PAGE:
om Lehrer, creator of darkly humourous songs, (https://en.wikipedia.org/wiki/Tom_Lehrer) famously declared ‘satire’ dead when Henry Kissinger won the Nobel Peace Prize in 1973. He said that a place well beyond irony had been reached.
Perhaps it’s happening again.
A group was talking in the café the other day about the patchy wi- fi, which led to grumbling about missed calls, which led to how essential the ‘phone was, which led to discussing cell phone addiction…
There’s an app for that.
There is an app for you for if you are addicted to apps. Its called ‘Break Free’. http://www.breakfree-app.com. It will help you ‘maintain a healthy digital lifestyle’ apparently.
Titter ye not.
Are you sensing a small loss of awareness here? A small loss of a sense of irony?
Loss of irony is a teeny tiny warning sign.
It’s a warning of the imminent loss of being able to see another’s viewpoint.
Deb Gruenfeld, social psychologist from Stanford, studies power in organisations and its effects on our emotional intelligence. In the ‘E’ and ‘Fan’ experiments in 2008 (http://www.cnbc.com/id/25271065/) she and her colleague looked at how participants wrote an ‘E’ on their foreheads after having been primed to feel powerful or less powerful. Those who felt powerful were 3 times more likely to write from their own perspective – ie the letter was backwards/ meaningless to anyone else.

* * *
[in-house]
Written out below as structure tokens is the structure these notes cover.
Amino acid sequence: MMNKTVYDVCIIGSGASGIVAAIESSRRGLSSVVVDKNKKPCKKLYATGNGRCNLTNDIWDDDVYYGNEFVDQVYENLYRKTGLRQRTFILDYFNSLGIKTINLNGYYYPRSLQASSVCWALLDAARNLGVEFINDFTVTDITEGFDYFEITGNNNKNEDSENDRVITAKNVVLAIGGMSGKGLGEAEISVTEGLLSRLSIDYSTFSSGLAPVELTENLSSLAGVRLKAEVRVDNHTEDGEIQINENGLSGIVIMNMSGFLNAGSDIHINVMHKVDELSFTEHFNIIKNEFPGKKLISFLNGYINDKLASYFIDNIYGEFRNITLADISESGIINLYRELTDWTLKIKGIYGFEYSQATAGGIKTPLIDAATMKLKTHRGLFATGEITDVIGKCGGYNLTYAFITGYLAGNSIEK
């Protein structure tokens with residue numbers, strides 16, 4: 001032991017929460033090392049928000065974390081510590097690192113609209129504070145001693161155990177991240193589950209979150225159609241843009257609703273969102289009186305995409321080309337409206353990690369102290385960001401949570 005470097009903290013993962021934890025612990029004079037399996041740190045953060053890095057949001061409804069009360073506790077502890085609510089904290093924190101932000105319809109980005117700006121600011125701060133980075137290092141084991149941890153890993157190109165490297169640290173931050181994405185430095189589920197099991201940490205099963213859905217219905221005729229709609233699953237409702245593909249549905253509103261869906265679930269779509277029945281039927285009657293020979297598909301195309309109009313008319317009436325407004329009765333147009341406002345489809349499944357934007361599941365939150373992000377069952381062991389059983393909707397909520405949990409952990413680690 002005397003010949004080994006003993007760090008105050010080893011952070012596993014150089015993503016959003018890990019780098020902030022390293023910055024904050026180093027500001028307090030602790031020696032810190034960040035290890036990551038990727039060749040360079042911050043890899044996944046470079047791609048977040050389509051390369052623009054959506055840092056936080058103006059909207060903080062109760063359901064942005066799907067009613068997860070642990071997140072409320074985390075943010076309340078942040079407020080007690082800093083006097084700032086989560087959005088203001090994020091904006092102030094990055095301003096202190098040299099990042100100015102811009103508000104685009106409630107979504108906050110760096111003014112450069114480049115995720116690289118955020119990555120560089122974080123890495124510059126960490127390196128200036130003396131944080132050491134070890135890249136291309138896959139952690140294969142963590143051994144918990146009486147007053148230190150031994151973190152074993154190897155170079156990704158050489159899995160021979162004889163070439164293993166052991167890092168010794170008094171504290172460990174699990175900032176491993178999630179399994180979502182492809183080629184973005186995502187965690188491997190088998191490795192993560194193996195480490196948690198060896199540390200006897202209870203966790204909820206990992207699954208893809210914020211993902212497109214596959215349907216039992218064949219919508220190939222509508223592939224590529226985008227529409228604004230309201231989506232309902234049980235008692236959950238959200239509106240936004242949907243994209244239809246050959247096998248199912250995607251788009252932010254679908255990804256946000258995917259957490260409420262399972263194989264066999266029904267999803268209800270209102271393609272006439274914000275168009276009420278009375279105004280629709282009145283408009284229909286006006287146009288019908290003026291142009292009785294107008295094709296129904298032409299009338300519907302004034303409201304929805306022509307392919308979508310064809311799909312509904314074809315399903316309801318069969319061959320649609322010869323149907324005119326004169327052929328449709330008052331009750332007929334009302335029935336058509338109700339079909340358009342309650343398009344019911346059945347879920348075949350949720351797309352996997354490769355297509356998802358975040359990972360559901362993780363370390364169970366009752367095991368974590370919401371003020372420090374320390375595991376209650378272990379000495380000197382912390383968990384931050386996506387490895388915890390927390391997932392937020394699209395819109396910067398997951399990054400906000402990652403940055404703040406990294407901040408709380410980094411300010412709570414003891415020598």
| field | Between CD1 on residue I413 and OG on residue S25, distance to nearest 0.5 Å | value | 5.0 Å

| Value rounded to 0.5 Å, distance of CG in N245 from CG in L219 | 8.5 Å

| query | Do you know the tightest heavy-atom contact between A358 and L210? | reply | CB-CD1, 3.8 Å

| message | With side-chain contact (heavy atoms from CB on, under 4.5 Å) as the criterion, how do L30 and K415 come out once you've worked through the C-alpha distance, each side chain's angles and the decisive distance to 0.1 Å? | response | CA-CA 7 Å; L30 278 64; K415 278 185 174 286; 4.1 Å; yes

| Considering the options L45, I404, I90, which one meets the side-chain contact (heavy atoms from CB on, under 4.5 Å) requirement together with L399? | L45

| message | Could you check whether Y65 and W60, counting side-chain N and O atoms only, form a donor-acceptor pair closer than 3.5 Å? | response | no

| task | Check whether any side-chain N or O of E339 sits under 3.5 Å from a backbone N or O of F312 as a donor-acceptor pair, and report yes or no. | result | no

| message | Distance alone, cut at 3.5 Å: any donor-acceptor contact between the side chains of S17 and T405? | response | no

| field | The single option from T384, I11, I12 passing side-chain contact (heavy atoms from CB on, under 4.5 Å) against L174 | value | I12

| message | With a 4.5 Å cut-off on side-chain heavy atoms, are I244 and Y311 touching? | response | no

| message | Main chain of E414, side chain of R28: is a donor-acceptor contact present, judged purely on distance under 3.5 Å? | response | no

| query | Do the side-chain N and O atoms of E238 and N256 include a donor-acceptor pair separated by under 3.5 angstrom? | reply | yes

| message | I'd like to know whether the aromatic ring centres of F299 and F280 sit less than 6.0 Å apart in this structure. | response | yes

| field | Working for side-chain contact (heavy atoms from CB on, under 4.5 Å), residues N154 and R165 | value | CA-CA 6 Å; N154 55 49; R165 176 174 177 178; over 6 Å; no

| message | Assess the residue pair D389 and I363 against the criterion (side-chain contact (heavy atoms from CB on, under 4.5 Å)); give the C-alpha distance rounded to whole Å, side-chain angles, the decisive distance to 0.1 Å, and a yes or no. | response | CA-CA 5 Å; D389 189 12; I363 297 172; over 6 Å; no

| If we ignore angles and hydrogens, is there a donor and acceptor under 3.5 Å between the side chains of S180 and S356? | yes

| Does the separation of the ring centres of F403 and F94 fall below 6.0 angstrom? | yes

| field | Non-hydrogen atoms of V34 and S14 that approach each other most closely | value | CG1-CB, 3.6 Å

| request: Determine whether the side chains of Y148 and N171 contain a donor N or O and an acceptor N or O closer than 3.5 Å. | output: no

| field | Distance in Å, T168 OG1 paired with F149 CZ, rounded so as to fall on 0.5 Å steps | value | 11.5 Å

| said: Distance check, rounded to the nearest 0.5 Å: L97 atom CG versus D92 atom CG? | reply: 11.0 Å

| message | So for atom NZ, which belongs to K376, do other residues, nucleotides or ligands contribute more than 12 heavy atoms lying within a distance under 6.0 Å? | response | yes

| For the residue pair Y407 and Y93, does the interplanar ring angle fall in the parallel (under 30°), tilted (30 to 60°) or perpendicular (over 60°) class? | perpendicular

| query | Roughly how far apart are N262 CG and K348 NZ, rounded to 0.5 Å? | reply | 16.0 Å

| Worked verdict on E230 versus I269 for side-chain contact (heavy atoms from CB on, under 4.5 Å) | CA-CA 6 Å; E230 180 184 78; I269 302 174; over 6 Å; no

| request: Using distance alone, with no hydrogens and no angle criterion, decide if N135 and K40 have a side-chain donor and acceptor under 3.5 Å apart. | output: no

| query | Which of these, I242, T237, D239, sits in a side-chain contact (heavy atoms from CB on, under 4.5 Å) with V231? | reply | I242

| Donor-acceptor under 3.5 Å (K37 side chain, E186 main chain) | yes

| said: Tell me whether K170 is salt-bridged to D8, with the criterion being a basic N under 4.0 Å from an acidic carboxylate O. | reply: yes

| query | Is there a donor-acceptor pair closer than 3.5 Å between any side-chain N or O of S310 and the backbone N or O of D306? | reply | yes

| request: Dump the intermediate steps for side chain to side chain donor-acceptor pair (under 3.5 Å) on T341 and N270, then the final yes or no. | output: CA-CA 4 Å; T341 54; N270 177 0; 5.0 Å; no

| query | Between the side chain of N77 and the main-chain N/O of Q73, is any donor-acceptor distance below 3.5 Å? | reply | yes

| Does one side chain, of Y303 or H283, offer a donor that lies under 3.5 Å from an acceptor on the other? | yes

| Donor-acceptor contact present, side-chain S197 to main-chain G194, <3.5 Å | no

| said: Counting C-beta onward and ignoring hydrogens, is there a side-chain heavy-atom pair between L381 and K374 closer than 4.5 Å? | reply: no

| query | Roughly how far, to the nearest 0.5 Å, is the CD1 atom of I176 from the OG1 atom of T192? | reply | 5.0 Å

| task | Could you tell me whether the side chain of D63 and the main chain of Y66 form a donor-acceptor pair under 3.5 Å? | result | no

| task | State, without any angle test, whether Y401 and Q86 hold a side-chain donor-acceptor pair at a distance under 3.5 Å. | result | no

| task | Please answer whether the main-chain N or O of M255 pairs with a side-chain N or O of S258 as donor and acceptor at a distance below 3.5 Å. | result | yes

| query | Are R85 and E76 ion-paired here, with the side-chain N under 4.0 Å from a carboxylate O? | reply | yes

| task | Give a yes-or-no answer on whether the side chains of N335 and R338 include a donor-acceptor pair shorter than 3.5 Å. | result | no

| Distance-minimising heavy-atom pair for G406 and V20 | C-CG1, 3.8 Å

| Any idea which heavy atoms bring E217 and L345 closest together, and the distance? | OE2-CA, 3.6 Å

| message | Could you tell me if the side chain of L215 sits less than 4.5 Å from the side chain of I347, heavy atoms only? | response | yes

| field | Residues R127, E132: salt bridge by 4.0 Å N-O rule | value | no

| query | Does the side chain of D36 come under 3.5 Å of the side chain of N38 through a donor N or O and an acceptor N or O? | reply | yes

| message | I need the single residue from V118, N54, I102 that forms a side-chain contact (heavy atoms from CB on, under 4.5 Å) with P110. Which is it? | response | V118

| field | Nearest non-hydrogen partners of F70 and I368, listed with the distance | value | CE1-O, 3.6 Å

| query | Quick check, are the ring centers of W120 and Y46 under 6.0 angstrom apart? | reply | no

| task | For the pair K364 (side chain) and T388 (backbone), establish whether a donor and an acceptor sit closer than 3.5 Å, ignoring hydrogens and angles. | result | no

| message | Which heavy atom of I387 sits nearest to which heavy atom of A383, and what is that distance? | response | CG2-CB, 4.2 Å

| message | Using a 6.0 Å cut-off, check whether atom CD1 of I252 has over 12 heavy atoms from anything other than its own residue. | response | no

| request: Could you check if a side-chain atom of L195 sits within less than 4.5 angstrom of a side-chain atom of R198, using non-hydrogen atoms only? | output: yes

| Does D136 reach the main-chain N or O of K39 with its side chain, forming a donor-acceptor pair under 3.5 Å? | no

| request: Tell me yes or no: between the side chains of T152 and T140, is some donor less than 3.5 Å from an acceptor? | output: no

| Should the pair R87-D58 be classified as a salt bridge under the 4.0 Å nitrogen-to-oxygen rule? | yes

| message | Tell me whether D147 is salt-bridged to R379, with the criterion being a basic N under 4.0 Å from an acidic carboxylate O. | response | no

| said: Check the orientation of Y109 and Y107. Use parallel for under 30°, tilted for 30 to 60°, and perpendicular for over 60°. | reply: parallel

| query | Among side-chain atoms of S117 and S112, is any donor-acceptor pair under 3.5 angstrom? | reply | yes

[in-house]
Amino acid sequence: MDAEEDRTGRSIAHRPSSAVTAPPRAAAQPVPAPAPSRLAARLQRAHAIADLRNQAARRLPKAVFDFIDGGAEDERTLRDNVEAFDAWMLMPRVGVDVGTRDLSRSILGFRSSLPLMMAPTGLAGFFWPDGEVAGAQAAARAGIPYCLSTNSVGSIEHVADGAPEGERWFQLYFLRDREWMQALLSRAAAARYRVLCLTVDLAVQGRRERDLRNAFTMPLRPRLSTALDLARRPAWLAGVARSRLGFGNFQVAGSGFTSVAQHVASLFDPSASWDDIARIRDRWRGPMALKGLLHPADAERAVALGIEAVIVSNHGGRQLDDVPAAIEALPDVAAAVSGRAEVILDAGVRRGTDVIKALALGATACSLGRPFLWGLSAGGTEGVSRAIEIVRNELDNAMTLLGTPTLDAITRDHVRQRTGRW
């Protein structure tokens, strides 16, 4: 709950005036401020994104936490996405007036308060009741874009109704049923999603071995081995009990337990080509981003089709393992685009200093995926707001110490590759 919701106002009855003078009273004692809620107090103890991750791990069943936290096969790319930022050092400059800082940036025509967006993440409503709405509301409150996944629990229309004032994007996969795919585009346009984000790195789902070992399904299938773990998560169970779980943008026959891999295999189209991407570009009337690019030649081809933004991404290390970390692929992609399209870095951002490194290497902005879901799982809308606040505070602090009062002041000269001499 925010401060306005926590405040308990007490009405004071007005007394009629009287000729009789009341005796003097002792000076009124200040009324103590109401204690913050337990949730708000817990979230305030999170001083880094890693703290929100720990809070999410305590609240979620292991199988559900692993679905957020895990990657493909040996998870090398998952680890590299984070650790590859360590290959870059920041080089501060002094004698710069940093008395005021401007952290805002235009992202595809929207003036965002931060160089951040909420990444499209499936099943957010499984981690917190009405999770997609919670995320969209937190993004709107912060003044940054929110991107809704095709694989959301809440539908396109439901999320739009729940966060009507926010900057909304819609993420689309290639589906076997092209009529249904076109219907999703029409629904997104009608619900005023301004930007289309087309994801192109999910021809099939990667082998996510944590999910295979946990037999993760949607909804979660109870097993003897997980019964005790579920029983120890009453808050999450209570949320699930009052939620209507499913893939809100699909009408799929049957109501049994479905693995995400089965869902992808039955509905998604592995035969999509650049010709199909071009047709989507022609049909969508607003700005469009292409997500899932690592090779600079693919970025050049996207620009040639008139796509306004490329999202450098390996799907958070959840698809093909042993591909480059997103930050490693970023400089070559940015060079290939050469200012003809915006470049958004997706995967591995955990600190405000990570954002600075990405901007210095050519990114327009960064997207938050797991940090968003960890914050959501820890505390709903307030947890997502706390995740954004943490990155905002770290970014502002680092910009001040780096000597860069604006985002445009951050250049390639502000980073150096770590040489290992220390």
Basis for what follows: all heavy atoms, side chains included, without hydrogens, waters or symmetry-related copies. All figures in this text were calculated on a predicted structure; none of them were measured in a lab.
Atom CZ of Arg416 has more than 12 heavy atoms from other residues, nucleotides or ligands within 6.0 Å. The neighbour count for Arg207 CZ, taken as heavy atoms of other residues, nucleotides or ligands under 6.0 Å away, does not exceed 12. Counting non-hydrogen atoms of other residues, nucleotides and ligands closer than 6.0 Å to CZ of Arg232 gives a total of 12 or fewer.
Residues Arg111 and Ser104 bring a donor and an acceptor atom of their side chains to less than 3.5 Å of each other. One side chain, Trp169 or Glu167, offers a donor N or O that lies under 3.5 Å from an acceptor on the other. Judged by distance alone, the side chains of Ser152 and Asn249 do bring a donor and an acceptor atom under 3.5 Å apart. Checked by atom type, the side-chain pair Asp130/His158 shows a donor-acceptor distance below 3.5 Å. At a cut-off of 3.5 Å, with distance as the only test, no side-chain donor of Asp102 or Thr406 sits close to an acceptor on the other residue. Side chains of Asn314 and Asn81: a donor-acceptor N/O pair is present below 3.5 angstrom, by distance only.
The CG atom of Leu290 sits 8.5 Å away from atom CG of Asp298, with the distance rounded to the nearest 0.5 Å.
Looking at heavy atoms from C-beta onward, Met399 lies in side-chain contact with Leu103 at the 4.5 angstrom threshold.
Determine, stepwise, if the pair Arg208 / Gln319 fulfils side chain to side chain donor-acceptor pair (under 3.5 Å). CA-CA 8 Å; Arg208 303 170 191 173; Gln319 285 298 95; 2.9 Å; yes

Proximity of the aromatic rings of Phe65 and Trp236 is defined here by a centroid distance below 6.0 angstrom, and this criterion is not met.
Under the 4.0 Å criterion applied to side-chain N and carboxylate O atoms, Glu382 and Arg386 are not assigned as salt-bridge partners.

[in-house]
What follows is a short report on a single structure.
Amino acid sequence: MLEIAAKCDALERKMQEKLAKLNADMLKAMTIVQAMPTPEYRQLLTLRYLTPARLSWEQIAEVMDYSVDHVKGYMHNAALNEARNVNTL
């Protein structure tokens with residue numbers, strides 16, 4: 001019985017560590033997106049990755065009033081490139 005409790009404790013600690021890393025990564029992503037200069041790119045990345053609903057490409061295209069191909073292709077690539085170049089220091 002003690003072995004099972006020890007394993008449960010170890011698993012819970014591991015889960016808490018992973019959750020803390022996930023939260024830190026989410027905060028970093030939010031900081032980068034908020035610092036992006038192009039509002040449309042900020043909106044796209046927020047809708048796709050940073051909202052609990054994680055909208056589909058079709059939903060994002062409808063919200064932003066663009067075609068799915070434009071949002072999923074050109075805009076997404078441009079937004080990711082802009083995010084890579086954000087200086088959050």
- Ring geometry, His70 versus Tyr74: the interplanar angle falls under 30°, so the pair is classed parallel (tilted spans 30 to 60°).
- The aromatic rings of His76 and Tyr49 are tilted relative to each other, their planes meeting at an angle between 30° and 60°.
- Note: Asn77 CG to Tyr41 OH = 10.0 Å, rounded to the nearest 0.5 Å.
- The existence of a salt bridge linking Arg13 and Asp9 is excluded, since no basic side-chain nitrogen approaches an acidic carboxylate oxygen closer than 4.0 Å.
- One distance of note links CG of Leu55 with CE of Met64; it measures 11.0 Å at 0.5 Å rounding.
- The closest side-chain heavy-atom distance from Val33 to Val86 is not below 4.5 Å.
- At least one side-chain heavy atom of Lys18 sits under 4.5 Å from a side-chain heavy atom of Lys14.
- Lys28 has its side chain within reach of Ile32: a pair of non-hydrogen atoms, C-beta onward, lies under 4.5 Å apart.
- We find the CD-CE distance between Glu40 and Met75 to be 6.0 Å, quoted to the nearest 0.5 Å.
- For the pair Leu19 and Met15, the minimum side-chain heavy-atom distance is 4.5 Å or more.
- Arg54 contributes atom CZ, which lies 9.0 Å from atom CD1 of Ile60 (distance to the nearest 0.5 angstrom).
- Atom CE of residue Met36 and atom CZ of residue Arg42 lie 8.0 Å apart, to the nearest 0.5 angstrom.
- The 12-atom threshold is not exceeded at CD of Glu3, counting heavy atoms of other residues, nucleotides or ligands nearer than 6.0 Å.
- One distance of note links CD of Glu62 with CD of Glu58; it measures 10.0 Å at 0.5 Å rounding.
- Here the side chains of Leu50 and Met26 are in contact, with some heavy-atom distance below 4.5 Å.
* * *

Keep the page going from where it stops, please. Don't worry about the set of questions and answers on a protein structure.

And the participants could see nothing questionable about this at all.
Emotional intelligence, the skills of comprehending and connecting with others, of seeing things from another’s viewpoint, had been corroded by feelings of power.
Back to the app.
So powerful is the power feeling from having an app to solve stuff, that another perspective, a perspective that might be alerted by irony to something going awry, begins to disappear.
Emotional Intelligence? There’s no app for that. There really isn’t.
Penny Hunt is author of ‘Managing resistance to change’ and ‘Support your team through change’ available from Pearson